To the extent that views aligned with his own are published on NYU Secrets is more a function of those ideas representing a majority of what is submitted to begin with. “That is, if ten or so people feel one way and only two feel another way, then there will be a distinct tilt to what’s posted. Surely, someone can do the investigating and find any amount of times when this isn’t true, but it’s the philosophy I do my best to abide by. What I can say for certain is that personal feelings do not get in the way of what I post.”
Is he able to remain objective on NYU Secrets even as he is opinionated on Reddit or other fora? Again, resisting an absolutist answer, Orginos beings by saying that “no one can remain completely objective on any issue. We are, after all, all human. I strive for objectivity. I strive for unbiasedness.”
Majoring in English education, Orginos plans to be a teacher, and says that “my personal opinions and feelings will not affect my job, just as they do not now. When I am a teacher, I will treat each child with respect and love and care despite our differences in backgrounds, opinions, whatever.”
Of course, he says, he has personal opinions on the issues. “Who doesn’t have politics? Who doesn’t have opinions? My politics and opinions affect my personal life. They do not affect my professional life. NYU Secrets falls into the latter category.”
Weill speaks of the virtues of diversity, but what about opinions that are contrary to that of the majority of the student body? “I do think there’s something to be said for what constitutes a majority thought and a minority thought at this school,” Orginos says. “There are times when right-leaning or even moderate thought can be met with hostility. NYU is a very liberal school. I don’t think anyone disagrees with that. And I think there is value in showing both sides.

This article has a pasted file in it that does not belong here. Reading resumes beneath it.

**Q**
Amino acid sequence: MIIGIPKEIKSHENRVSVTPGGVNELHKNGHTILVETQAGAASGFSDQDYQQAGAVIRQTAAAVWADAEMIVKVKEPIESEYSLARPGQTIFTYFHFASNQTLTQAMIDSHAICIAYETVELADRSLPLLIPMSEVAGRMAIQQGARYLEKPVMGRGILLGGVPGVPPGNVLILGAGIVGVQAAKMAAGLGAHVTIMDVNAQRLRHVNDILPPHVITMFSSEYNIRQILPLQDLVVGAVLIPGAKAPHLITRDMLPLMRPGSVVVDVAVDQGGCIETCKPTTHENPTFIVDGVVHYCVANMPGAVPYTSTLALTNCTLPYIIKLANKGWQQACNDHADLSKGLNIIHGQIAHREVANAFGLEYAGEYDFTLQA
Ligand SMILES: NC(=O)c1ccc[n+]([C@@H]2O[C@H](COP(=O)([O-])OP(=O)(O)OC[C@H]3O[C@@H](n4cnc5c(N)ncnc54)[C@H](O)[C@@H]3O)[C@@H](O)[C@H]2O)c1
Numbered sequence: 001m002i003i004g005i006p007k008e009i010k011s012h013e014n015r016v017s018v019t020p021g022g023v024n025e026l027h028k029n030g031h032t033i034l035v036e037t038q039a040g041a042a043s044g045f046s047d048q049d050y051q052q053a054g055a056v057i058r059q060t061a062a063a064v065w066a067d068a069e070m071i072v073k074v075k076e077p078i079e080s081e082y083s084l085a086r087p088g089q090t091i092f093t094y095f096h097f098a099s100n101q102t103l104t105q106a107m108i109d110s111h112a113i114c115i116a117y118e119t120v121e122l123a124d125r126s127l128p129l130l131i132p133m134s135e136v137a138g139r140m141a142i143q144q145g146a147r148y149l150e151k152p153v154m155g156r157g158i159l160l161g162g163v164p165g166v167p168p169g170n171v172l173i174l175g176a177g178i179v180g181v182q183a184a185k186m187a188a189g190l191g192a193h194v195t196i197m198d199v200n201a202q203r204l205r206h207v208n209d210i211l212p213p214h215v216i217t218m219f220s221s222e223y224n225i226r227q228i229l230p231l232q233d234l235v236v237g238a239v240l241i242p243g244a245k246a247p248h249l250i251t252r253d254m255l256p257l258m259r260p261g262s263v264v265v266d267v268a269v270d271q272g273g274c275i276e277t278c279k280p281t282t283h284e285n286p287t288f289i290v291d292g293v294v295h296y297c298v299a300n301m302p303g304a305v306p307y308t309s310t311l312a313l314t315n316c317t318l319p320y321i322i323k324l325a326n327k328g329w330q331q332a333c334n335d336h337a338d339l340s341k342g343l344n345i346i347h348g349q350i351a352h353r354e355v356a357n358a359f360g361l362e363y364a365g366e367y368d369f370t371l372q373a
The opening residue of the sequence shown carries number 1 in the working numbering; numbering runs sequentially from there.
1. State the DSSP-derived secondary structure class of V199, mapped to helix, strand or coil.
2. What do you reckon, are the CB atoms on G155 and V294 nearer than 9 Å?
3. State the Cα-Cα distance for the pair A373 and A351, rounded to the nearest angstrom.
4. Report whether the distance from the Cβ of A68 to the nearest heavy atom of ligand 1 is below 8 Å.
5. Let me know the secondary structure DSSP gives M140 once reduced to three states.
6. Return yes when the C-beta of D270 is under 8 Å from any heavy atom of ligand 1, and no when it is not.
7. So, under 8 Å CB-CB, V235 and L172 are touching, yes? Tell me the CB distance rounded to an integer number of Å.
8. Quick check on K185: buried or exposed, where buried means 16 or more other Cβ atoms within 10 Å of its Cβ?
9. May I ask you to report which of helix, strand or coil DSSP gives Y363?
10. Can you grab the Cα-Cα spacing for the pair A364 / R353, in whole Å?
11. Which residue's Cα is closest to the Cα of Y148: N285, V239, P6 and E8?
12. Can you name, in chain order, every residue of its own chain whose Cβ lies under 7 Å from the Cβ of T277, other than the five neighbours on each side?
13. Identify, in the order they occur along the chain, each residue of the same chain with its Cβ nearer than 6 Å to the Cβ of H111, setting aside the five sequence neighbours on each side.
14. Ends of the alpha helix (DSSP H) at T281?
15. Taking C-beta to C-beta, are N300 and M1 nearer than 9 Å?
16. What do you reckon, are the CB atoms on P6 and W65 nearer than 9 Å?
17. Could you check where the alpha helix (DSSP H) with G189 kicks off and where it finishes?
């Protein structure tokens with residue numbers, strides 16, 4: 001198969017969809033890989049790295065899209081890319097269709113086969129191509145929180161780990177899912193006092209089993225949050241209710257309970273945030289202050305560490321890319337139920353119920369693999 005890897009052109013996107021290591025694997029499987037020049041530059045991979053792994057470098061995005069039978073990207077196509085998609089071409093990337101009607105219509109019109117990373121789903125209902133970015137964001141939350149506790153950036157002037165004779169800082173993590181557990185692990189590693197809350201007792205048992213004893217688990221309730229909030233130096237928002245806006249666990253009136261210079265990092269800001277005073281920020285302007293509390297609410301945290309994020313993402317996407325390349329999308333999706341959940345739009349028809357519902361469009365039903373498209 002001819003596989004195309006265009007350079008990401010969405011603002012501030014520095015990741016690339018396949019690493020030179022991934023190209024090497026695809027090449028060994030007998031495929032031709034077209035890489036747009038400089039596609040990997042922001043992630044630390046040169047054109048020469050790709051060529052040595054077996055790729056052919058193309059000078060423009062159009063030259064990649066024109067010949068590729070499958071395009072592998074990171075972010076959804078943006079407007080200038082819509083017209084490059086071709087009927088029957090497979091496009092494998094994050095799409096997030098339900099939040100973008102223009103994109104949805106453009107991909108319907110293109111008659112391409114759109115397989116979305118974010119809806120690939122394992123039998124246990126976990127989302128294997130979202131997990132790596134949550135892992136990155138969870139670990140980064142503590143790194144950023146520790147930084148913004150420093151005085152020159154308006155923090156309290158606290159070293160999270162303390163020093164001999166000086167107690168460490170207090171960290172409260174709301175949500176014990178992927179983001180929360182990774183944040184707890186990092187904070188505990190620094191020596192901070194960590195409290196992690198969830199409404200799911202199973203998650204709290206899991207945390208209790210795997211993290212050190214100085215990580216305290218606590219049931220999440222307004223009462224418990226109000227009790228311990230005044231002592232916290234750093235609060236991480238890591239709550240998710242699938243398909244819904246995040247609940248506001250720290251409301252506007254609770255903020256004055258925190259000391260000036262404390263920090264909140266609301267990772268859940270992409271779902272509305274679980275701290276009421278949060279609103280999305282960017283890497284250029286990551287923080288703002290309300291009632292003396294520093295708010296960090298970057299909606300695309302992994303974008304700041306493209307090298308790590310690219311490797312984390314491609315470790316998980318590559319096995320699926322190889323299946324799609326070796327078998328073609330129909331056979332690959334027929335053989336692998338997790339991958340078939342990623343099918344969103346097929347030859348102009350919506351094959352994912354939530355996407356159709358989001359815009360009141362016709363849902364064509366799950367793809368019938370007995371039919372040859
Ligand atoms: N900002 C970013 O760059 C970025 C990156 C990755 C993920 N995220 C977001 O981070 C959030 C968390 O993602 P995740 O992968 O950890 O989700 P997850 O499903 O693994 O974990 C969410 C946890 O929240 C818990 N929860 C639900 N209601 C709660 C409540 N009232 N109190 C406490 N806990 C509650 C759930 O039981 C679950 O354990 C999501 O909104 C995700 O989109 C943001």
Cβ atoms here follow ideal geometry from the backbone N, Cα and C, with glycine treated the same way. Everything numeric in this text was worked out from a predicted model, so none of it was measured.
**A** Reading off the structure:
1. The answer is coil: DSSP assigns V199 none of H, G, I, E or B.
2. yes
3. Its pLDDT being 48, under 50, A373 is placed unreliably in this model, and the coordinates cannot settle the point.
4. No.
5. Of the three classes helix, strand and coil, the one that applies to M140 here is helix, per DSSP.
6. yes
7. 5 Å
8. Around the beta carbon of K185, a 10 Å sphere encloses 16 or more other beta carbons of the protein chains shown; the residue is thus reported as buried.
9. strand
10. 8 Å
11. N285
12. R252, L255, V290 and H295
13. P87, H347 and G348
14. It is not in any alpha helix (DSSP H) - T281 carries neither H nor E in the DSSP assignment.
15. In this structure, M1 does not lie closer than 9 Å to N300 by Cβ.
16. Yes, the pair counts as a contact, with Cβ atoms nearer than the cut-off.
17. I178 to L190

“My goal with NYU Secrets is to show that there is a community at NYU. For all of those who have ever felt isolated, I want to do my part to make them feel a little bit more at home. In terms of diversity of political thought, I do think it’s important to remind people that there is a wide range at this school despite what the narrative often seems to be.
I’d like to be clear that, in saying this, I make no claim about my own politics. I think they are irrelevant.” As for his own views versus Weill’s, Orginos says “surely there are things that she and I disagree about. But I think she’d find that our politics are not too dissimilar.”
Orginos says the representation of him being involved with the Men’s Rights Movement is absolutely untrue. Just because he may have posted in their forum does not mean he is a part of them. In fact, Orginos invites readers to read his lengthy response to Weill’s piece at the following link: https://medium.com/@aristoNYC/this-is-actually-the-man-behind-nyu-secrets-26aa551f0b6a.
What about the “all white” cover page photo? Orginos himself would not fit that “white” description as commonly perceived, considering he is the son of an immigrant – his father, from Korthi on the Greek island of Andros. Orginos told TNH that he chose the cover photo among others in an informal competition “because it was far and away the best one in terms of quality. It had nothing to do with the races depicted. He admittedly overlooked the lack of racial diversity in the photo and it is “something I have already resolved to think harder about next time. It was certainly not a political statement to intentionally choose a seemingly all-white cast.”
Despite all the controversy, life goes on at NYU Secrets. “For whatever it’s worth,” Orginos says, “I still post things I disagree with. All the time.”
The post Greek-American Aristo Orginos in Middle of NYU Blog Wars Storm appeared first on The National Herald.Source: The National Herald